"Who doubts that love precedes the observance of the commandments? For who loves not, has not that whereby to keep the commandments. These words then do not declare whence love arises, but how it is shown, that no one might deceive himself into thinking that he loved our Lord, when he did not keep His commandments. Though the words, Continue you in My love (Jn. 15:9), do not of themselves make it evident which love He means, ours to Him, or His to us, yet the preceding words do: I love you, He says: and then immediately after, Continue you in My love. Continue you in My love, then, is, continue in My grace; and, If you keep My commandments, you shall abide in My love, is, your keeping of My commandments will be evidence to you that you abide in My love. It is not that we keep His commandments first, and that then He loves; but that He loves us, and then we keep His commandments. This is that grace, which is revealed to the humble, but hidden from the proud." (St. Augustine, Doctor of the Church)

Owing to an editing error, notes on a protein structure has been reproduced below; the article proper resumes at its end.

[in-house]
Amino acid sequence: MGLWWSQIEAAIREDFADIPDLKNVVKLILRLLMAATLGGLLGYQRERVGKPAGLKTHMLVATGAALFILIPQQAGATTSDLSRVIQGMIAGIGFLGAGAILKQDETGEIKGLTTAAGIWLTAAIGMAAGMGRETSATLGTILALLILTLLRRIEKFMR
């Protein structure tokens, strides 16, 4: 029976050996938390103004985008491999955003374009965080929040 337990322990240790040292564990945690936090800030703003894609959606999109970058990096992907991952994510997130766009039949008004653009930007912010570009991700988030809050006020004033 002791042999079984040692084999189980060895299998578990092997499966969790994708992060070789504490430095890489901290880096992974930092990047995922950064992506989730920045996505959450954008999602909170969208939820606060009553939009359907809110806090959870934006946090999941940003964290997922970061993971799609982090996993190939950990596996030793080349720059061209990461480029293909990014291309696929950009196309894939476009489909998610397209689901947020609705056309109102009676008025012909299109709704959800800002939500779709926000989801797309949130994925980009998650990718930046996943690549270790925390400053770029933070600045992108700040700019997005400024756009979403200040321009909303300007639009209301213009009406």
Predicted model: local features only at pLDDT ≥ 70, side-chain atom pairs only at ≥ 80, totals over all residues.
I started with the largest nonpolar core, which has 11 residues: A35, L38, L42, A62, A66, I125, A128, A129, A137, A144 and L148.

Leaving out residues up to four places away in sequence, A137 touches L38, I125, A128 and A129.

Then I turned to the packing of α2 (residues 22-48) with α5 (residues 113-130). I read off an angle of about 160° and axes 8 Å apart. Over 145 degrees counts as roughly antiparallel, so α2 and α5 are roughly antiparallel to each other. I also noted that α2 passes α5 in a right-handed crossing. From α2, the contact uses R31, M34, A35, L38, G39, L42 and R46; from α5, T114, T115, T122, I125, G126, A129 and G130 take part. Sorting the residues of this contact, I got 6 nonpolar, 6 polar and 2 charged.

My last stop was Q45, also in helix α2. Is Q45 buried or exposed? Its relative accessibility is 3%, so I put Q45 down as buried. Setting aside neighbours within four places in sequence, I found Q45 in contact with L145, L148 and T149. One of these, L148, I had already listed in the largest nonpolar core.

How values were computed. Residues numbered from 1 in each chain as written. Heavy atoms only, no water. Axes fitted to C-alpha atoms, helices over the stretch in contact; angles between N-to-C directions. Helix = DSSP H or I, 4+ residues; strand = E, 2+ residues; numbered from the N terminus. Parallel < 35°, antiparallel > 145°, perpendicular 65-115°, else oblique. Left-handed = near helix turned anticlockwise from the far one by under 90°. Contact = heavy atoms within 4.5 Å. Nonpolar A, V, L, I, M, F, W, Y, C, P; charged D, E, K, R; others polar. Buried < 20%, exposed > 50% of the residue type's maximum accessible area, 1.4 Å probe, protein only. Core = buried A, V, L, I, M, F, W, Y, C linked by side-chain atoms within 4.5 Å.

"And so, when the Lord says, 'Thou shalt love the Lord thy God, from all thy heart and from all thy mind: and thou shalt love thy neighbor as thyself,' let the faithful soul put on the unfading love of its Author and Ruler, and subject itself also entirely to His will in Whose works and judgments true justice and tender-hearted compassion never fail. For although a man be wearied out with labors and many misfortunes, there is good reason for him to endure all in the knowledge that adversity will either prove him good or make him better. But this godly love cannot be perfect unless a man love his neighbor also. Under which name must be included not only those who are connected with us by friendship or neighborhood, but absolutely all men, with whom we have a common nature, whether they be foes or allies, slaves or free. For the One Maker fashioned us, the One Creator breathed life into us; we all enjoy the same sky and air, the same days and nights, and, though some be good, others bad, some righteous, others unrighteous, yet God is bountiful to all, kind to all, as Paul and Barnabas said to the Lycaonians concerning God's Providence" (Pope St. Leo the Great, Doctor of the Church)